We all know that sugar, with its addictive, stress-relieving properties and contribution to the Western world's growing obesity crisis, is pretty bad news.
But as cities like Brighton introduce a voluntary sugar tax and celebrity chef Jamie Oliver continues his campaign to add around 10p to the price of soft drinks in the UK, the British government is yet to impose any kind of levy on the sweet stuff.
Now, Prime Minister David Cameron is under further pressure to act on sugar after the release of a new report from the Commons Health Select Committee, which calls for a 20 percent sugar tax and restrictions on junk food advertising.
Made up of a cross-party group of MPs, the Committee's report claims there is "clear evidence" that the proposed levy would reduce sales of sugary drinks, which account for 40 percent of 11 to 18-year-olds' sugar intake. It recommends that any proceeds from such a tax are "clearly directed to improving our children's health" and points to Mexico's tax on sugar-sweetened drinks, which saw a 6 percent reduction in consumption in the country.
Currently, a fifth of children in the UK start primary school overweight. This number rises to a third by the time they leave secondary school and contributes to the £5.1 billion spent each year by the NHS on treating obesity.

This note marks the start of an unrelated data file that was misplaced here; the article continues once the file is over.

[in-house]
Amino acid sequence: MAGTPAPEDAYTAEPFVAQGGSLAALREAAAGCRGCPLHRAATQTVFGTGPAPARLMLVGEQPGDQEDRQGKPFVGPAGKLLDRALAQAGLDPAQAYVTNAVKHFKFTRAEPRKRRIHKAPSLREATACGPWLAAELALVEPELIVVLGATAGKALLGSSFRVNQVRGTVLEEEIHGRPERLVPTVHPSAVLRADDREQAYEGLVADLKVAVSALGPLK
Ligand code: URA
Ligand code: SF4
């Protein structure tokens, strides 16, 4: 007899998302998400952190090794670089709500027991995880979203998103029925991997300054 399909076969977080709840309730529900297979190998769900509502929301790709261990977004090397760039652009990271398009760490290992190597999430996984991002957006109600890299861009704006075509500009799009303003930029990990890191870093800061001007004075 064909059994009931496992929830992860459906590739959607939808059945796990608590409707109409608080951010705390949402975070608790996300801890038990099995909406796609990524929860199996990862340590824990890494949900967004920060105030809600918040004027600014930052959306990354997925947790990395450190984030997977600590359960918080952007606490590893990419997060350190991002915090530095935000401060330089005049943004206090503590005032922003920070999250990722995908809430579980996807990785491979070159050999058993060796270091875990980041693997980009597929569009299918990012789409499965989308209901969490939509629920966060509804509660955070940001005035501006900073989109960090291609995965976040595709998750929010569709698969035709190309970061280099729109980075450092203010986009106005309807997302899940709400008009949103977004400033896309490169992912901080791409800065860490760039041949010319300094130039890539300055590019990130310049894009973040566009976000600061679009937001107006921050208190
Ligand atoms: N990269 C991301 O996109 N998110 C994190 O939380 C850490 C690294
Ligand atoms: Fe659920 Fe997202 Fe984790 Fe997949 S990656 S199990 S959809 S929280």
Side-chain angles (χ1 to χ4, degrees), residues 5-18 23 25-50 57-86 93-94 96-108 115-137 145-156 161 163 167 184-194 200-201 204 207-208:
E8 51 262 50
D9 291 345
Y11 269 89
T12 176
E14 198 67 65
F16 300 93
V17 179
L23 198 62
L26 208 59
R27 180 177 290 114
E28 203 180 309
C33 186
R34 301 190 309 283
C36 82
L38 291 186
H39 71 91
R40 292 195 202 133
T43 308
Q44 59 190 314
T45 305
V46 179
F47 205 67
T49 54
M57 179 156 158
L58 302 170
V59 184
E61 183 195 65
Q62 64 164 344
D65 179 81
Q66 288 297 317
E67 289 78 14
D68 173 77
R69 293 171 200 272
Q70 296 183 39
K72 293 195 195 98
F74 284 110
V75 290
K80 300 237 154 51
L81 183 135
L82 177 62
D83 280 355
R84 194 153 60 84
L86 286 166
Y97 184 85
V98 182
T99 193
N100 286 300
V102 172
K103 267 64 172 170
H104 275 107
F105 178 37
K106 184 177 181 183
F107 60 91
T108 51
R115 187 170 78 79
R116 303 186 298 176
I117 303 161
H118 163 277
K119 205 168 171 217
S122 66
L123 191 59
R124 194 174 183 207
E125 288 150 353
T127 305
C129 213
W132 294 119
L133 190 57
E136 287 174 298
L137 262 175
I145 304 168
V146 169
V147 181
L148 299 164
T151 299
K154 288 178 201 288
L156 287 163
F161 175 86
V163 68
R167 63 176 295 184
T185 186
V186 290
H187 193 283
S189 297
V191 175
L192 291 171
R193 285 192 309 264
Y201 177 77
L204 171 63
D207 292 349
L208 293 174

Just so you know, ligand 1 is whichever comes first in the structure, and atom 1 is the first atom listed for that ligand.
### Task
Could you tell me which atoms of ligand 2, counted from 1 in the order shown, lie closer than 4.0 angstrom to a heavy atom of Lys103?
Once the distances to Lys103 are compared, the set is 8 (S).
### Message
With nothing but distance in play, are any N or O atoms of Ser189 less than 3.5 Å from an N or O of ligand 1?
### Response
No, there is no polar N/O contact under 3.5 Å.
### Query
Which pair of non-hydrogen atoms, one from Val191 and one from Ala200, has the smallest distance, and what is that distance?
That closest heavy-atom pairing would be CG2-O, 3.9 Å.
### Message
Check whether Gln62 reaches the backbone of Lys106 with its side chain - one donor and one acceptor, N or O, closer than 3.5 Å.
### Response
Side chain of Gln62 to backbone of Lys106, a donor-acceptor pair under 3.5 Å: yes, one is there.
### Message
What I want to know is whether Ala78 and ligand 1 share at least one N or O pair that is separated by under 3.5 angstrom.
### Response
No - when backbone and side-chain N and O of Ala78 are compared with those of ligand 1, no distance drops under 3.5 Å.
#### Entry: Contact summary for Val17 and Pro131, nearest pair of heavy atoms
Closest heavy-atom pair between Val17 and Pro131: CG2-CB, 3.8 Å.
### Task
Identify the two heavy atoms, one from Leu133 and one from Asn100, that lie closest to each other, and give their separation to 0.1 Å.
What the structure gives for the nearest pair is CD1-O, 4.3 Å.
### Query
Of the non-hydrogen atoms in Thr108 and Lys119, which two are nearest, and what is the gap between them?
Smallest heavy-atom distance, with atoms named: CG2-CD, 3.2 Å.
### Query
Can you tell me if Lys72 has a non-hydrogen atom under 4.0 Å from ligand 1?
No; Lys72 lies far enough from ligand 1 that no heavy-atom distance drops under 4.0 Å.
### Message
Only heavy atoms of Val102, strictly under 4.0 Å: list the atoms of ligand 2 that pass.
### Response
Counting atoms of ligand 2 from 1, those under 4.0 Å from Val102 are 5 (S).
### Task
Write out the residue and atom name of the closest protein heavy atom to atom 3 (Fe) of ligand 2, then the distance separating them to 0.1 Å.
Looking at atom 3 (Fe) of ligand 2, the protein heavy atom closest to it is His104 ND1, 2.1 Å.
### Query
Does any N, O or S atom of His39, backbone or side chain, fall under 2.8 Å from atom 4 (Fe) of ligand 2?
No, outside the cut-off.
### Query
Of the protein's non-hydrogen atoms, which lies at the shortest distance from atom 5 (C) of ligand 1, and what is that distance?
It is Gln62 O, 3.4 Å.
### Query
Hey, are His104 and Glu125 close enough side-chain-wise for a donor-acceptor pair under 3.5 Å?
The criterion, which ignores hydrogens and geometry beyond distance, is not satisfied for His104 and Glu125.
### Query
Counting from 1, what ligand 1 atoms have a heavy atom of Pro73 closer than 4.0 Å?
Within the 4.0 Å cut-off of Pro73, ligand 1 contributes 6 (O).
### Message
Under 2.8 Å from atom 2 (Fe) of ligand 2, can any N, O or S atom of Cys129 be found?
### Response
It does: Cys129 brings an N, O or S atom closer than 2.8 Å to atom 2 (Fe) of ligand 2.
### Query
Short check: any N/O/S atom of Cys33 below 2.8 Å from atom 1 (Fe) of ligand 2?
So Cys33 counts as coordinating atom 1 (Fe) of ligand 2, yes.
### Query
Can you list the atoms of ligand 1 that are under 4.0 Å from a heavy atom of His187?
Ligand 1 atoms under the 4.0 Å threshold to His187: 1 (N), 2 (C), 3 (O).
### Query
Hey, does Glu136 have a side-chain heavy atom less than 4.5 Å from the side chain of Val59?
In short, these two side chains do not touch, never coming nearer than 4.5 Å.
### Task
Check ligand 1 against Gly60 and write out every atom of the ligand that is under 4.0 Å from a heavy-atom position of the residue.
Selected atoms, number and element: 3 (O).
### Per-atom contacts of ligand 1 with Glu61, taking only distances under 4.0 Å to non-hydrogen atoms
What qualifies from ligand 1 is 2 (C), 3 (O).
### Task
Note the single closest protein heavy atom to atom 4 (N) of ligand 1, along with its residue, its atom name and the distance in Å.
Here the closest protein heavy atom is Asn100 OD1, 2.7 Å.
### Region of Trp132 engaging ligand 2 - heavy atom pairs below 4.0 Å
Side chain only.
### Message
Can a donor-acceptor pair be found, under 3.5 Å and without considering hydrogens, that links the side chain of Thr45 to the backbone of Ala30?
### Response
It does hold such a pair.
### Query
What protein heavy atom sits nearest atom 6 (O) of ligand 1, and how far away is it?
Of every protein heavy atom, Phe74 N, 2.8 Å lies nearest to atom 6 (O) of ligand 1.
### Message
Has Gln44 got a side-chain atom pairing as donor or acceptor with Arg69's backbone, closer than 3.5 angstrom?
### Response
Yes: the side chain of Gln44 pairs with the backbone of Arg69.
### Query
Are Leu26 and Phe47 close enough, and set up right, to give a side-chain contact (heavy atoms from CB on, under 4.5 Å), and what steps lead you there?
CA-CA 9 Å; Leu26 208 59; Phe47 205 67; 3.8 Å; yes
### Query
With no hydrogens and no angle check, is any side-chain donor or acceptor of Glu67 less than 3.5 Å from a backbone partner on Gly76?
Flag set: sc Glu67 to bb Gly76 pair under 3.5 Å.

While the committee states that the need for a sugar tax can "no longer be ignored," it also acknowledges that no single measure would solve the country's obesity problem. Other recommendations include a ban on television advertising of unhealthy foods before 9 PM and clearer labelling of products to show the amount of sugar they contain in teaspoons.
The Committee's report isn't the first to recommend change in government policy as a way to limit sugar consumption. Last month, a review from Public Health England concluded that the nation was "eating too much sugar" and also backed a sugar tax, as well as tougher controls on junk food advertising to children.
Committee chair Dr. Sarah Wollaston stressed the importance of such initiatives. She said: "We believe that if the government fails to act, the problem will become far worse. A full package of measures is required and should be implemented as soon as possible."
However food and drink industry figures have argued the sugar tax is unfair and according to The Daily Telegraph, two thirds of the public is opposed to the idea, saying that it would needlessly punish consumers.
Cameron's government is similarly unconvinced, saying that it will set out plans to tackle sugar consumption early next year when it publishes a child obesity strategy, but is not currently in favour of the tax.
Public Health Minister Jane Ellison said: "This government is committed to turning the tide on childhood obesity. That is why we are developing a comprehensive strategy looking at all the factors, including sugar consumption, that contribute to a child becoming overweight and obese. This will be published in the coming months."
Exact details of the proposed strategy remain to be seen, but it's clear that Britain's collective sweet tooth can't be ignored for much longer.